Topic: Molina Healthcare
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September 4, 2013 at 11:02 AM
State Insurance Commissioner Mike Kreidler has reached a settlement with Molina Healthcare of Washington that grants approval for the insurer to sell two individual health plans through the state’s online health-insurance marketplace, known as Washington Healthplanfinder, in 2014.
Molina was one of five insurers Kreider had previously rejected for the exchange and one of four insurers to appeal that decision.
Kreidler’s approval of Molina’s two plans brings the total number of health plans to be sold through the exchange to 43. Molina’s two plans will be available in three counties: King, Pierce and Spokane.
The Washington Health Benefit Exchange Board still has to certify all of the approved health plans for the exchange. With the addition of Molina, seven insurers have been approved. The board is scheduled to meet Wednesday afternoon and is expected to vote on certification.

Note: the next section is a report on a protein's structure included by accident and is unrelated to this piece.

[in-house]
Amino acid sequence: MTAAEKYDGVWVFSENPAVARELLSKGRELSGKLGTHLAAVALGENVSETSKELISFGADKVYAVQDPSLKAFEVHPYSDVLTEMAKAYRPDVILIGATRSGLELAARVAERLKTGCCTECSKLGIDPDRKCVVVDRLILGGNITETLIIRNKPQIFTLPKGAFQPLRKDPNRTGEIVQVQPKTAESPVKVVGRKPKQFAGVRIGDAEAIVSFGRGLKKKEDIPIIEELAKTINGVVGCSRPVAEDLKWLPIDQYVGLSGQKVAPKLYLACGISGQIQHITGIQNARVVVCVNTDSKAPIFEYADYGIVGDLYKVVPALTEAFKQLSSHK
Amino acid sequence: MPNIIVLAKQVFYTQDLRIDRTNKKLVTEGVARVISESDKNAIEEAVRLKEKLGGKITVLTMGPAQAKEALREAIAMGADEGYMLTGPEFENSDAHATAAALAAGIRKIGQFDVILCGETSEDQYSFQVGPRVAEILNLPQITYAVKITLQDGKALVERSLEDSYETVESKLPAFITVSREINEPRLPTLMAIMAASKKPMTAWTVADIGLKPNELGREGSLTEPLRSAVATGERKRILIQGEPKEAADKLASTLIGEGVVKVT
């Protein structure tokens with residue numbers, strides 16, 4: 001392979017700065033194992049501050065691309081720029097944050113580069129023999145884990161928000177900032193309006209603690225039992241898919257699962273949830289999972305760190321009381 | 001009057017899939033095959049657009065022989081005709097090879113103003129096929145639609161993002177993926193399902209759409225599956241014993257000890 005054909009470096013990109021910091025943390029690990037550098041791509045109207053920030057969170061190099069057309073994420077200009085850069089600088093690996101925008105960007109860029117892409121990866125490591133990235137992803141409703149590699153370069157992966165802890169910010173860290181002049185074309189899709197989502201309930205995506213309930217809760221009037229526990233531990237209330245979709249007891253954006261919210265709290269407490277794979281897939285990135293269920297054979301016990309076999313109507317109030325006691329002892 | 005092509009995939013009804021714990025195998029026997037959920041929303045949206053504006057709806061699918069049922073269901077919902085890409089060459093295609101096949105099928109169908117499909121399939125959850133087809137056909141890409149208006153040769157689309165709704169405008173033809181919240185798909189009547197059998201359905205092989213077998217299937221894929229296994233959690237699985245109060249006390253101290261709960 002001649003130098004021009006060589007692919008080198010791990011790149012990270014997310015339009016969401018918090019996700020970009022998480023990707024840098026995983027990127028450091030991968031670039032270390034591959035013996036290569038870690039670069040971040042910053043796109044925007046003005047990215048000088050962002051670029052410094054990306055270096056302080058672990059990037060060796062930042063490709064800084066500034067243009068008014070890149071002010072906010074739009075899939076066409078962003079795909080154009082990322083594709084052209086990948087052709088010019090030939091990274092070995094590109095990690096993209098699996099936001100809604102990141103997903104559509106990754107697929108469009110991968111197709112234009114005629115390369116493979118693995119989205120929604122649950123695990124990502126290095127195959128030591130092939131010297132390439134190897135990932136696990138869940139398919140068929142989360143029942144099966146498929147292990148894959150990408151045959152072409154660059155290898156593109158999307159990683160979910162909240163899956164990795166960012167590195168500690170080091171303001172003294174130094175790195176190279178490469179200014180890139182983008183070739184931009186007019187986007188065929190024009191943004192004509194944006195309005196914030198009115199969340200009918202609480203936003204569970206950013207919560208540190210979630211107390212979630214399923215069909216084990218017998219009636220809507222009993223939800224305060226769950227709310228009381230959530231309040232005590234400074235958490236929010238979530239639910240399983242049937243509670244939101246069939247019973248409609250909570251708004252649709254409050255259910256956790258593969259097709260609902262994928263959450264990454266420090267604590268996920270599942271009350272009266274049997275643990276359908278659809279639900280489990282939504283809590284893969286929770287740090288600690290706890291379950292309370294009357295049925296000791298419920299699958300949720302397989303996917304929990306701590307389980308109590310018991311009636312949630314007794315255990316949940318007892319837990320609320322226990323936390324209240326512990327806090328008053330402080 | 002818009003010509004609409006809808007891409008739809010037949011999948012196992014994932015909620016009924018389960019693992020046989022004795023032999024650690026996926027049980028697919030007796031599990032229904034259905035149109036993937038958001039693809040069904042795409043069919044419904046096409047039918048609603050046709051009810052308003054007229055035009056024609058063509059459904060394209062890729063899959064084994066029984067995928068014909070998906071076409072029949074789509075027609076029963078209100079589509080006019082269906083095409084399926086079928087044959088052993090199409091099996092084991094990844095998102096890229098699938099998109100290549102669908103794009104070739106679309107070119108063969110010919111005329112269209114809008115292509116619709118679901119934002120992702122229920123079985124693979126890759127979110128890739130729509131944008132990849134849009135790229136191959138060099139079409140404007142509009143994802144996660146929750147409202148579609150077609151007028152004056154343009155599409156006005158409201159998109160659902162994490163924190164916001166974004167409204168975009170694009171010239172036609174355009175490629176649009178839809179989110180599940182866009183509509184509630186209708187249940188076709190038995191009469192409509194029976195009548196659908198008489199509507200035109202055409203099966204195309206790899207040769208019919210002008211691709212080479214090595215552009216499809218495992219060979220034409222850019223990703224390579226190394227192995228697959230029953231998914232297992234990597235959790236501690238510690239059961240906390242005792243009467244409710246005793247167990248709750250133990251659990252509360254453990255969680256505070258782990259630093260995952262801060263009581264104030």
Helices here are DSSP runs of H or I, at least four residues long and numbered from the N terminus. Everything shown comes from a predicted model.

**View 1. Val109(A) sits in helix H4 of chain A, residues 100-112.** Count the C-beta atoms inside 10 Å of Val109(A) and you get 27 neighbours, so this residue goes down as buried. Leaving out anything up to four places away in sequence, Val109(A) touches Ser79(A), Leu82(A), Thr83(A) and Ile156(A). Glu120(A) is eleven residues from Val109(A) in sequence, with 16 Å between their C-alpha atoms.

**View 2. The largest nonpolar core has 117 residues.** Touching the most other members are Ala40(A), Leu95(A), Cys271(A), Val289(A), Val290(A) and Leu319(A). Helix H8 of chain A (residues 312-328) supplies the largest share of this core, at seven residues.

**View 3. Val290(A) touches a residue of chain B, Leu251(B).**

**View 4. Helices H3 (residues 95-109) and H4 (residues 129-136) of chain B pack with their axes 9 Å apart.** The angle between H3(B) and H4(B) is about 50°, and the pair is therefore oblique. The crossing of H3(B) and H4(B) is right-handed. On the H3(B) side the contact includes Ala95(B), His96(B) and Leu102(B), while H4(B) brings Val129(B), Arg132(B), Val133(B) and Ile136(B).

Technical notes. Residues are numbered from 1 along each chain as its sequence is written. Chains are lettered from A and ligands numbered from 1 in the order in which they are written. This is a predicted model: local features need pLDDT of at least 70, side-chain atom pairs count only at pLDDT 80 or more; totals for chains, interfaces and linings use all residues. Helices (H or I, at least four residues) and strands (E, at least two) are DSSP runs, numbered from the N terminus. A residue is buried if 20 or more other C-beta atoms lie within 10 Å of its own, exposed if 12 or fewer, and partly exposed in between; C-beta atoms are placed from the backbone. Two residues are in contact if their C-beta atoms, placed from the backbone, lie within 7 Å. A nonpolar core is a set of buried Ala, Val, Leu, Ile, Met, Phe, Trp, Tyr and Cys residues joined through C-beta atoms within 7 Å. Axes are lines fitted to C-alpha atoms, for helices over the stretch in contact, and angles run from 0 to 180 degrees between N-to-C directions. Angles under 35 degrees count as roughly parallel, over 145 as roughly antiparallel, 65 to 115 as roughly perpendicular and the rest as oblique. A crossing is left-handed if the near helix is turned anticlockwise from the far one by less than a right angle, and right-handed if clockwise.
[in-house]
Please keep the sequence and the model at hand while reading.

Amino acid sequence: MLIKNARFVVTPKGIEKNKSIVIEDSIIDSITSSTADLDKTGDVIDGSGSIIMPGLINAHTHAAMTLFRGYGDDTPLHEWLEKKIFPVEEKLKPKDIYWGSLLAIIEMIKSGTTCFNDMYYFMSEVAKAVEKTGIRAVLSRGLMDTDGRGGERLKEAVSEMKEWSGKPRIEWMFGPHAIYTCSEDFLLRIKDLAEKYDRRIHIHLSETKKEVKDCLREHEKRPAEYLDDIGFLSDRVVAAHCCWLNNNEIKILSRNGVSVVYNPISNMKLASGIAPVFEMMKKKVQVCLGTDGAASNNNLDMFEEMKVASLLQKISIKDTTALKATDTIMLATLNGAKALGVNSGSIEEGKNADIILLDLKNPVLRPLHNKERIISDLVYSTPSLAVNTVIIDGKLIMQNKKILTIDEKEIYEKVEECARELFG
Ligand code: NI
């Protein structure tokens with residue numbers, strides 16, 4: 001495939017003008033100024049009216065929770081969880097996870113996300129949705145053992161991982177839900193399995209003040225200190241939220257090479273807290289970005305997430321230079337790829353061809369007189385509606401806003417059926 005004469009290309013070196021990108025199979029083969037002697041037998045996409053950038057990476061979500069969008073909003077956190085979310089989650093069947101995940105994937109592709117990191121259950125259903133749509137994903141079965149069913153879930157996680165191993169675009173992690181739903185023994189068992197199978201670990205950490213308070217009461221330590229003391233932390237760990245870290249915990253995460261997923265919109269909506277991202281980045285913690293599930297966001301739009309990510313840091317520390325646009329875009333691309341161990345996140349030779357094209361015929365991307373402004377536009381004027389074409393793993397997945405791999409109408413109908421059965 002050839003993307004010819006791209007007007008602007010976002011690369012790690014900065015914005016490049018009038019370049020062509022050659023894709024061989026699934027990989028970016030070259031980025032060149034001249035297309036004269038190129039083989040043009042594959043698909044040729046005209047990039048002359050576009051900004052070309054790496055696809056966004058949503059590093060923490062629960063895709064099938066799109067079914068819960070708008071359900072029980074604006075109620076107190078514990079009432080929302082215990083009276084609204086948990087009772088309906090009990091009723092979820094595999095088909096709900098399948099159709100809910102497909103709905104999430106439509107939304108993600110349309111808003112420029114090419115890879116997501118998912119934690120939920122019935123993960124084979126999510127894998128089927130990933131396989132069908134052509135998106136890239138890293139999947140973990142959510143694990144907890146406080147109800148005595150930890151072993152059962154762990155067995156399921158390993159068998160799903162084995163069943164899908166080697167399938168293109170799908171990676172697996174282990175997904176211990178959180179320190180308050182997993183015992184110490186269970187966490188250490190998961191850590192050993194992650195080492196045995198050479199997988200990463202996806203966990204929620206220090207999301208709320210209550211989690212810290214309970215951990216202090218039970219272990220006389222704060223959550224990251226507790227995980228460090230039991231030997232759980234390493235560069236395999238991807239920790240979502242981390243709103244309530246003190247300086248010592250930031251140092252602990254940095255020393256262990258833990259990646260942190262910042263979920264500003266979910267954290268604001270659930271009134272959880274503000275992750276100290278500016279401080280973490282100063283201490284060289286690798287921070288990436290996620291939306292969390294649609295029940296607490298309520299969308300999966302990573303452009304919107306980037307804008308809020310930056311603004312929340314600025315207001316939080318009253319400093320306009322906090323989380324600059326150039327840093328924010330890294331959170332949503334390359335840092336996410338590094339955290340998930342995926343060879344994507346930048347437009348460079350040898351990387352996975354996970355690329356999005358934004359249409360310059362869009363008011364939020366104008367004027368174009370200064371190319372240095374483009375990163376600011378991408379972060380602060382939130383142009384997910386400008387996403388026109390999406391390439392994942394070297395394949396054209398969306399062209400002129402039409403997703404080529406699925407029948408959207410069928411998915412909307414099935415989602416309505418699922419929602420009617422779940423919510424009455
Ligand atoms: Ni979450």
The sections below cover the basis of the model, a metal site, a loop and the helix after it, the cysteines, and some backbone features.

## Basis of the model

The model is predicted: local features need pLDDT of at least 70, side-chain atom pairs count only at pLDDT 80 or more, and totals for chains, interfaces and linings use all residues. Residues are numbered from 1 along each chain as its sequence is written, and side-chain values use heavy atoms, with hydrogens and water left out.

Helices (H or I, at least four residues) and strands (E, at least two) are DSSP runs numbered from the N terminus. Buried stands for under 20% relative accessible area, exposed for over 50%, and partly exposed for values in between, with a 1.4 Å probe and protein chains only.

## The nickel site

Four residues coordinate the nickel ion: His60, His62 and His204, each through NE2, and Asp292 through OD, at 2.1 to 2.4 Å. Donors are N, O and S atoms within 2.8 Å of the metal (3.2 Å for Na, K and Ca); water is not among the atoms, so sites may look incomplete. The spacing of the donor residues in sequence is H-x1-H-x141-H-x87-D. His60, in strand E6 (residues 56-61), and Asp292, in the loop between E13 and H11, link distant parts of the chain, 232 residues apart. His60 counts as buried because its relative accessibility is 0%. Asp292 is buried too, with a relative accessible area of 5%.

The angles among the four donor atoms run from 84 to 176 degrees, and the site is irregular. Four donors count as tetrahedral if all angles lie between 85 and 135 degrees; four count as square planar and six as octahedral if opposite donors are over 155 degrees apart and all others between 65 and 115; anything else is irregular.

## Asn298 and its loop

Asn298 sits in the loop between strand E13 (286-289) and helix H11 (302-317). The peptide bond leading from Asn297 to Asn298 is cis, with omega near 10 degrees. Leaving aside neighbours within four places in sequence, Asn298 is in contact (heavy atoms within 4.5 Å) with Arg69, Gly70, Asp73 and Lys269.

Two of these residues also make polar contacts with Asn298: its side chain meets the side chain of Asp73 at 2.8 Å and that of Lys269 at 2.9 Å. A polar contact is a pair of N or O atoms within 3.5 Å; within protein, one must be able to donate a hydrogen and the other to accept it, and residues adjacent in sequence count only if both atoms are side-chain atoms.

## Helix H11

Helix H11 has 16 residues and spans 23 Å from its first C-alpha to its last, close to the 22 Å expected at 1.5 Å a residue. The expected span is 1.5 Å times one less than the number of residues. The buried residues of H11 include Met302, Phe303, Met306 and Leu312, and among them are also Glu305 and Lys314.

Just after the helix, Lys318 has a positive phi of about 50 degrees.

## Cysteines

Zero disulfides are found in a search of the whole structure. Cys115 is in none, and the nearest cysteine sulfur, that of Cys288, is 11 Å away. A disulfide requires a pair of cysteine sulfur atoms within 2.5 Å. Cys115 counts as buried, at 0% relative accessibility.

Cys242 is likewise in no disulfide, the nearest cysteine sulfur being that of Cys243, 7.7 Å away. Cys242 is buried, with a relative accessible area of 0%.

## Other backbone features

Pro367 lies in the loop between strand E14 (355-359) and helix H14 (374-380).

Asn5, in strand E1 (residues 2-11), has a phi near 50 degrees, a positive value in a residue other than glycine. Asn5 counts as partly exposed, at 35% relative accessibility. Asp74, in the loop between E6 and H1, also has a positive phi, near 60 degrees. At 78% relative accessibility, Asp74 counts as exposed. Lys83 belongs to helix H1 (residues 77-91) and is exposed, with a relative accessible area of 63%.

The state faces a Thursday deadline of to submit information on all of its certified plans to the federal government.
August 30, 2013 at 12:24 PM
UPDATED 1:21 p.m. |
State Insurance Commissioner Mike Kreidler announced Friday that he has reached a settlement with two insurance carriers his office had earlier rejected for the state’s new online insurance marketplace.
Kreidler said the settlement with Community Health Plan of Washington and Kaiser Foundation Health Plan of the Northwest would add 10 more health plans to the individual insurance market that will be offered through the exchange, called the Washington Healthplanfinder.
Community Health would offer three health plans in 26 counties when Healthplanfinder opens for enrollment Oct. 1. Kaiser would have seven plans available in Clark and Cowlitz counties.
The 10 plans from the two carriers would bring the total number under the exchange to 41. The Office of the Insurance Commissioner (OIC) had earlier approved 31 plans from four other carriers.
While settling with the two carriers Friday, the OIC also announced it decided not to settle with Coordinated Care Corp., whose health plans also had been rejected.
Coordinated Care had too many serious issues that prevented it from meeting state and federal criteria, Kreidler said.
A fourth rejected carrier, Molina Healthcare of Washington, filed an appeal this month, then dropped it. The carrier refiled the appeal Thursday night, according to the OIC.
All plans approved by the OIC must be certified by the board of the Washington Health Benefit Exchange, the agency that administers the exchange. The board is scheduled to meet Wednesday.
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